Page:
The presidential election is clearly the most important one in the French Fifth Republic. Together with the general elections in June, their outcome will also frame the European political landscape. Which has already been reshaped at the end of last year. First, in Germany, with the arrival of a very pro-European tripartite coalition led by Olaf Scholz, who was sworn in on December 8th. Then, in a less visible way, in Bulgaria, where the pro-European and Atlanticist Kiril Petkov, an opponent of the strongman Boïko Borissov, managed to form a coalition and obtain a majority in parliament on December 13th, with the intention of putting an end to a system of endemic corruption. The same is true in the Czech Republic, where controversial businessman Andrej Babiš was overthrown by a centre-right coalition led by Petr Fiala, who was appointed Prime Minister on December 17th. The country will take over the rotating presidency of the Council of the European Union from France on July 1st.
Until then, other decisive elections are expected elsewhere in Europe. In Hungary, Viktor Orbán’s party will be facing the polls on April 3rd. The populist leader, accused of corruption, who has been in power since 2010 and is publicly supported by Donald Trump, is currently neck and neck in the polls for the legislative elections against a broad coalition of opposition parties formed a year ago around a common program and led since the autumn primaries by the europhile conservative Péter Marki-Zay. A possible fall of Orbán would of course have a great political impact on the EU.
Still in April, Slovenian Prime Minister Janez Janša, who is close to Orbán, will face a weakened coalition and the social-democratic opposition of Tanja Fajon, MEP, in the legislative elections. Earlier, on January 30th, in Portugal, the power of the socialist António Costa will be put at stake in early legislative elections after his government was suddenly outvoted. In Sweden, the new head of government, Magdalena Andersson, also from the centre-left, will have to win the legislative elections scheduled for September 11th in order to remain in power. The country will be anyhow taking over the rotating presidency of the Council of the EU in a year’s time.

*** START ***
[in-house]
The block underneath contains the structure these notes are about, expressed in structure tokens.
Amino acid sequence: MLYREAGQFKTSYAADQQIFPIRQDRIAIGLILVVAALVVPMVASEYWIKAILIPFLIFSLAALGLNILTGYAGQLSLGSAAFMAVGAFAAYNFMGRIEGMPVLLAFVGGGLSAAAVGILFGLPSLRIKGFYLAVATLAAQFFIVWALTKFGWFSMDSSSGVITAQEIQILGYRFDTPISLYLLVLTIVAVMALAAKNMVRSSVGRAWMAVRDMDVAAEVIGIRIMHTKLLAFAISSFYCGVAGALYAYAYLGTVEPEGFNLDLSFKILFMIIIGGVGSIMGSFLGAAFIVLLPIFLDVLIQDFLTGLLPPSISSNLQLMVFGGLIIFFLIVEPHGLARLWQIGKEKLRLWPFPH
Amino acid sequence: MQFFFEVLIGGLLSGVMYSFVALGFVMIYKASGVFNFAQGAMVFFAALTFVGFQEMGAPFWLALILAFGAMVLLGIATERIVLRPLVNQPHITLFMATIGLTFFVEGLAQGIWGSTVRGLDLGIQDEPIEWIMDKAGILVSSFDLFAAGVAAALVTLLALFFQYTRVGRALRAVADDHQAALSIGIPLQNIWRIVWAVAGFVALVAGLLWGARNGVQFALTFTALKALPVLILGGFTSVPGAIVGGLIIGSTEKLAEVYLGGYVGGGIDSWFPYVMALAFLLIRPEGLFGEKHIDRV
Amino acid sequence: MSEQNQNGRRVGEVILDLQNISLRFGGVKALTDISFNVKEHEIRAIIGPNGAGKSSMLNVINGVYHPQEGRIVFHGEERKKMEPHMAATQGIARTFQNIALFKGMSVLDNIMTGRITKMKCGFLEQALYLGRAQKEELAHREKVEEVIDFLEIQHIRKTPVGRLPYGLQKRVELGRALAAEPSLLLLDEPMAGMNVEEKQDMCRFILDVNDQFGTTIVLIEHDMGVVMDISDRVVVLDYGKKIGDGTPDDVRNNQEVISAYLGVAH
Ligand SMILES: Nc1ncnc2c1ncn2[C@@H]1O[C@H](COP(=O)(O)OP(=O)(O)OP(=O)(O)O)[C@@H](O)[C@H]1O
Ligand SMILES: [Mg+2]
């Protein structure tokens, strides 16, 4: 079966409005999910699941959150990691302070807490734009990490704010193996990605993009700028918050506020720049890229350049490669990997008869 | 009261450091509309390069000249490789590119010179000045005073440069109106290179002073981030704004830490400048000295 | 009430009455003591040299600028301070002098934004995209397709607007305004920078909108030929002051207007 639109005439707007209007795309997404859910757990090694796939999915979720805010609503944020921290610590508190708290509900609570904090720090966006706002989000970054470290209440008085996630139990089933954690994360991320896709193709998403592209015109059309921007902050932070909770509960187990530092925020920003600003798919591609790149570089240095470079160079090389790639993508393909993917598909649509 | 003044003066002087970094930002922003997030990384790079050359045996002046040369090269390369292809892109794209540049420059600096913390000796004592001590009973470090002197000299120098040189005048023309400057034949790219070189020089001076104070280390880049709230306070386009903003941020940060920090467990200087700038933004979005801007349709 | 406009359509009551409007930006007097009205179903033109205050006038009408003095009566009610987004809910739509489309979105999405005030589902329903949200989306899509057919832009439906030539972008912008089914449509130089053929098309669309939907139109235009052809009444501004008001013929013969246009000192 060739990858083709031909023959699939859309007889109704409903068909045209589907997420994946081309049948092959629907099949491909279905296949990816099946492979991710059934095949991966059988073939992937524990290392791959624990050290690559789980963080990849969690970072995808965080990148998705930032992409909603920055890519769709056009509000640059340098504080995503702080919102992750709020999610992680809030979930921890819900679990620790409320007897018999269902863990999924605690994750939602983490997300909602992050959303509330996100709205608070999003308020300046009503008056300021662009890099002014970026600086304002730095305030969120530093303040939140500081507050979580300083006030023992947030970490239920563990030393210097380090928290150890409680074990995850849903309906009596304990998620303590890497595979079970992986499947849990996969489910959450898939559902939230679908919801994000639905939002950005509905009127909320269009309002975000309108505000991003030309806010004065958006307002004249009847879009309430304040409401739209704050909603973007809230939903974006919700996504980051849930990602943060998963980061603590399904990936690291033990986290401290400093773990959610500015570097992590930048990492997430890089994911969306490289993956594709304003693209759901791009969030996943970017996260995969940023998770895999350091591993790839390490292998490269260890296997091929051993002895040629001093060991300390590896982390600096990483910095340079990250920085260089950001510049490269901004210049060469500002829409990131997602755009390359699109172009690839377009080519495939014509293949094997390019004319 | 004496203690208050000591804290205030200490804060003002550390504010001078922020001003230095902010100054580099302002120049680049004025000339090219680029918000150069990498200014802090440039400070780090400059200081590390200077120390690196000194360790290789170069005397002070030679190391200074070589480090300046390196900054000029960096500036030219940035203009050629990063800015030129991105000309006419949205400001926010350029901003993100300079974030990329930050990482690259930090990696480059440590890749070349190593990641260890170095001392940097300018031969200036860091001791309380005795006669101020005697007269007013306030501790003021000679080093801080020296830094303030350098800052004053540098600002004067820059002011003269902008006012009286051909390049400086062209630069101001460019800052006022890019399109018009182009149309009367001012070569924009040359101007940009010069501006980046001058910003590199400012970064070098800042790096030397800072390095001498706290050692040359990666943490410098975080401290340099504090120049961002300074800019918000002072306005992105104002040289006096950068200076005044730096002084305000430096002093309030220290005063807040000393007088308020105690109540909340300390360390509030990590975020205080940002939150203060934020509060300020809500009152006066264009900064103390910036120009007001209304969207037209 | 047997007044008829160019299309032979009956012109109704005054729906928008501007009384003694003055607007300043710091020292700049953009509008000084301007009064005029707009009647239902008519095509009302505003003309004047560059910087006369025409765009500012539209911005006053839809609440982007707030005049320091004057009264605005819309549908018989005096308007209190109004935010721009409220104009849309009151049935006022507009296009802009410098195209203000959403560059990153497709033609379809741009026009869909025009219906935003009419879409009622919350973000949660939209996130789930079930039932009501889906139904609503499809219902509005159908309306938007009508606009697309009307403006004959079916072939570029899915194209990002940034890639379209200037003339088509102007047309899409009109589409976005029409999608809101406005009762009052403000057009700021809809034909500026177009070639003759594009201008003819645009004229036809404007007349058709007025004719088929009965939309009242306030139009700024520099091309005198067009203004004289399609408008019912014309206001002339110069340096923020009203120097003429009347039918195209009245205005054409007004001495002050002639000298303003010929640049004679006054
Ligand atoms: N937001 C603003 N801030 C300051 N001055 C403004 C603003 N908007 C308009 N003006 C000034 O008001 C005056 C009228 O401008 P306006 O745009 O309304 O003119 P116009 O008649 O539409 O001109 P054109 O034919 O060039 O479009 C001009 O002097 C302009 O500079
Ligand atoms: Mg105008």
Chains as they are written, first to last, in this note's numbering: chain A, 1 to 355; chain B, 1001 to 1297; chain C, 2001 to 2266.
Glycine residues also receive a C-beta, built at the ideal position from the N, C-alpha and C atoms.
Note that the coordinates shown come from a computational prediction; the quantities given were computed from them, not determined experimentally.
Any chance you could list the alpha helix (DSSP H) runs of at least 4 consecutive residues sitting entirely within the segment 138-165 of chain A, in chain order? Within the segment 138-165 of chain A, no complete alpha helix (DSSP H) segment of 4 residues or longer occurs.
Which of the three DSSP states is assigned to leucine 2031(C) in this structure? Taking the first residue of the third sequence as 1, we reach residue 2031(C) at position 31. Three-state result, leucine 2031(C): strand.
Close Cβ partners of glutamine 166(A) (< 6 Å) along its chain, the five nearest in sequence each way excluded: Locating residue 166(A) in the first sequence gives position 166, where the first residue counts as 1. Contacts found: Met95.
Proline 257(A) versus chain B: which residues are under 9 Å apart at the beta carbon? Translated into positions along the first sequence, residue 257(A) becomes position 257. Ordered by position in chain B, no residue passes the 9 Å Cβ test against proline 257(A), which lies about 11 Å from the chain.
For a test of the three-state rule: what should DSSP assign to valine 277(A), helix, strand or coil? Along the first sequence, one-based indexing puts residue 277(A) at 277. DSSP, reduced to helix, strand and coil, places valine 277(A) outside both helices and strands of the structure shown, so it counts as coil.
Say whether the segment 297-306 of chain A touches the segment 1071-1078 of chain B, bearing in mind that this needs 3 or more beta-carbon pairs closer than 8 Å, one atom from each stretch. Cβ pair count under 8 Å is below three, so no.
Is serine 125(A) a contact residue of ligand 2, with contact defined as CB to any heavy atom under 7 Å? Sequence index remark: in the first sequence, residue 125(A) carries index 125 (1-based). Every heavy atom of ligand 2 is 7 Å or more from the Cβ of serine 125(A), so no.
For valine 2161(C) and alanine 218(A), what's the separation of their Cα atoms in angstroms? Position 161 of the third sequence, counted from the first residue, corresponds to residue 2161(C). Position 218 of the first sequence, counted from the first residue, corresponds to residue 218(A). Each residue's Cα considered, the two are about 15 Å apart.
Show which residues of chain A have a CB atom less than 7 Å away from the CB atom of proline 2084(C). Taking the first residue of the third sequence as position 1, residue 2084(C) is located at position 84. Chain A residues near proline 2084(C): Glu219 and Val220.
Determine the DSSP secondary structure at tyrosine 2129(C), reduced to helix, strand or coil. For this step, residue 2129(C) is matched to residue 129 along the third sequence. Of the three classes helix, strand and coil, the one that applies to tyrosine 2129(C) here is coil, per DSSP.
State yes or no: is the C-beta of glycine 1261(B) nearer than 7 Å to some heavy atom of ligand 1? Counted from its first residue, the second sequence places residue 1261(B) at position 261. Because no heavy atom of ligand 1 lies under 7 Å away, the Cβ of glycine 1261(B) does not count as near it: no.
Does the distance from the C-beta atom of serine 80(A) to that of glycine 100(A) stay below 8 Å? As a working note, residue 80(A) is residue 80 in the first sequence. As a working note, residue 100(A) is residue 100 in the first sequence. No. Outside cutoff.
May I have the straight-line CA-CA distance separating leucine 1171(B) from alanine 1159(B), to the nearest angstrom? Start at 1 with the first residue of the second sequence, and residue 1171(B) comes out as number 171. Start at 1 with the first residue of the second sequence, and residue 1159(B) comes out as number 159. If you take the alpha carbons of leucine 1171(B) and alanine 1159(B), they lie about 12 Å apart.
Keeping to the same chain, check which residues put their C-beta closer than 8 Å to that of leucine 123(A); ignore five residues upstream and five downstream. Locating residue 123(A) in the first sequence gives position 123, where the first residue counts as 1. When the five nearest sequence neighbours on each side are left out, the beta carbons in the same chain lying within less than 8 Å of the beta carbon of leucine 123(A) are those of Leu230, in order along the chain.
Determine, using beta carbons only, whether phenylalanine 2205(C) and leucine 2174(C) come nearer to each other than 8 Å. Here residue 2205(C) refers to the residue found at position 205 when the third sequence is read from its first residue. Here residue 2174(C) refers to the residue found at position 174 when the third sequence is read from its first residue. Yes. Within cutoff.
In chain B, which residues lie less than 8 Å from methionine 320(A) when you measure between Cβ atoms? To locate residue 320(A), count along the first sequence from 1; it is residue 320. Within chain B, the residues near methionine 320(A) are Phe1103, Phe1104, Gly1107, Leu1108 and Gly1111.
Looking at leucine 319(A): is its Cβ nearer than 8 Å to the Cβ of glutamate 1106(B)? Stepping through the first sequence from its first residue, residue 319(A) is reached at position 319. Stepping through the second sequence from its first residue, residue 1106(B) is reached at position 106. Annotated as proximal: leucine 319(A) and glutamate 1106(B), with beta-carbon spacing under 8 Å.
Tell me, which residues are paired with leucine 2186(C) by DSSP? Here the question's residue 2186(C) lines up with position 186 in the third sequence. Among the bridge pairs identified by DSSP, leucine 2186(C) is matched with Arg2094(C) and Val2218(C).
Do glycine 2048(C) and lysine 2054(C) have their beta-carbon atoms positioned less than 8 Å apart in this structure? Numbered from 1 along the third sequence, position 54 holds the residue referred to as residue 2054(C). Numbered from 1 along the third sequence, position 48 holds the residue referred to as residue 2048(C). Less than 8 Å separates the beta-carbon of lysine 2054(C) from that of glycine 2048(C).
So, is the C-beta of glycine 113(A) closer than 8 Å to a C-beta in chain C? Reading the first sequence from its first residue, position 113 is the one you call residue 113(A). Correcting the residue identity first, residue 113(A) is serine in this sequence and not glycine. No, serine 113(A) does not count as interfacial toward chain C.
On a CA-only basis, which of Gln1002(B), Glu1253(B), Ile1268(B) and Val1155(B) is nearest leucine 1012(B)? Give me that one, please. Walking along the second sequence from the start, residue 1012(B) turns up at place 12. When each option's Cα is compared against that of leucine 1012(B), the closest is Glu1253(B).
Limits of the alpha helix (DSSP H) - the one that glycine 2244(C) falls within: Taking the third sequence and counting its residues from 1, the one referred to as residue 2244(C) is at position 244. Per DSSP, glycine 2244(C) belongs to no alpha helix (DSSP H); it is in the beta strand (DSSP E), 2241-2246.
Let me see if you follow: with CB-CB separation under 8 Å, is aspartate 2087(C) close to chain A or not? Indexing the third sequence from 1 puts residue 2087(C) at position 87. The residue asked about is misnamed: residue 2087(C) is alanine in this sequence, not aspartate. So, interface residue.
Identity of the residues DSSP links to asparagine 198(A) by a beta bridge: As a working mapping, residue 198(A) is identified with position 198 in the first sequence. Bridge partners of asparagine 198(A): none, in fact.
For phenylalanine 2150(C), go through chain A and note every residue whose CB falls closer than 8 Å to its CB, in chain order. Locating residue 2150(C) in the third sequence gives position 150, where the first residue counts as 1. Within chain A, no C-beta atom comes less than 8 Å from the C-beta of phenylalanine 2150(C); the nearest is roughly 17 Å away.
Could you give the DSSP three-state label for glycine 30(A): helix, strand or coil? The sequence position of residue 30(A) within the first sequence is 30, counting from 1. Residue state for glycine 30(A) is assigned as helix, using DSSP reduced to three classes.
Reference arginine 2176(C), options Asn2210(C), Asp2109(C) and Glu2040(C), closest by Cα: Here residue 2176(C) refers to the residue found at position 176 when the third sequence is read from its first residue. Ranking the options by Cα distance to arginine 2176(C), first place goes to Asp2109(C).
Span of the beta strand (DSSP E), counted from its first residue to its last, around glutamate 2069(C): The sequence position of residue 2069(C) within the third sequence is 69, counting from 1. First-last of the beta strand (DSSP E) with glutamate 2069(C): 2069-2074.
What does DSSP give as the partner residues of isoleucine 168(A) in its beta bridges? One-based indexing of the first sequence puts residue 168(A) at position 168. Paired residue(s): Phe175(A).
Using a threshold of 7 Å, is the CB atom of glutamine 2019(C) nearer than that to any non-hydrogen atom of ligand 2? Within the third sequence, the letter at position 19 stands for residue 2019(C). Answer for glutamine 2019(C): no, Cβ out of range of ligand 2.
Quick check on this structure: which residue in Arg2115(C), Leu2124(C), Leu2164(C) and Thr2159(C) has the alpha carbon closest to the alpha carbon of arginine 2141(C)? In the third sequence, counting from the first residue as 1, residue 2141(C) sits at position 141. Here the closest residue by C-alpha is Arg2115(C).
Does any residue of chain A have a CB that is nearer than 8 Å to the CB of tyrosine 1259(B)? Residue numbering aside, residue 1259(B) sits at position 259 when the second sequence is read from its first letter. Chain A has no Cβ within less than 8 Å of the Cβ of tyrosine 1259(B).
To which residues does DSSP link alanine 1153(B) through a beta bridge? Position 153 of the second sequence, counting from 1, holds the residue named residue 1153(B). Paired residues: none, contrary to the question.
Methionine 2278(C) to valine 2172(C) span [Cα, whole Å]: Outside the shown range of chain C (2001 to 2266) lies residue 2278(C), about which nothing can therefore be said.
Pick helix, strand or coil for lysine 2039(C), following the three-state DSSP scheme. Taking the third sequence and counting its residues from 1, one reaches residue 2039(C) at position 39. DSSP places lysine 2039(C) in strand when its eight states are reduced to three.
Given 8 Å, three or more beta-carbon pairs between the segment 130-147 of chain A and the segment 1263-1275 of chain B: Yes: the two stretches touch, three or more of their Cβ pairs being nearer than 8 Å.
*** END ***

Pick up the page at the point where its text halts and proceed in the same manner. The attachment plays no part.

The political cards will therefore be reshuffled across Europe throughout 2022, beyond France. Perhaps already in Italy, depending on the outcome of the presidential election set on January 24th. And even continuity can hide change. In the Netherlands, Mark Rutte’s fourth government, which finally took office on January 10th, looks significantly different from the previous one. Following a resolutely European line, the new coalition declares itself ready to modernize budgetary rules, to provide the Union with an “intelligent industrial policy” and to build “strategic autonomy”. In the post-Brexit and post-Merkel context, the Dutch political philosopher Luuk van Middelaar even sees in it “a general geopolitical reorientation” of his country, which partly follows that of France.
In the light of the power exercised by these new and often fragile coalitions and at the end of these upcoming elections, it will be necessary to see whether a general geopolitical reorientation of the whole of Europe is taking shape in dots. Its extent will also depend on the outcome of the mid-term elections in the United States in November.
It also remains to be seen, through these successive elections, how much citizen mobilization they generate, to assess the level of campaign debates, of foreign interference, of respect between opponents, the ability to reach a majority, to accept defeat and to give priority to the general interest. From the four corners of the continent, 2022 will indicate the state of health in Europe of representative democracy, which requires all our care.
Let us therefore wish democracy and our Europe a good and healthy year. At the Jacques Delors Institute, we will continue to clarify, deepen and develop the three watchwords that mobilize our European work: recovery, strength, and the sense of belonging, which form the motto of the French Presidency of the Council of the EU. Best wishes for the new year!
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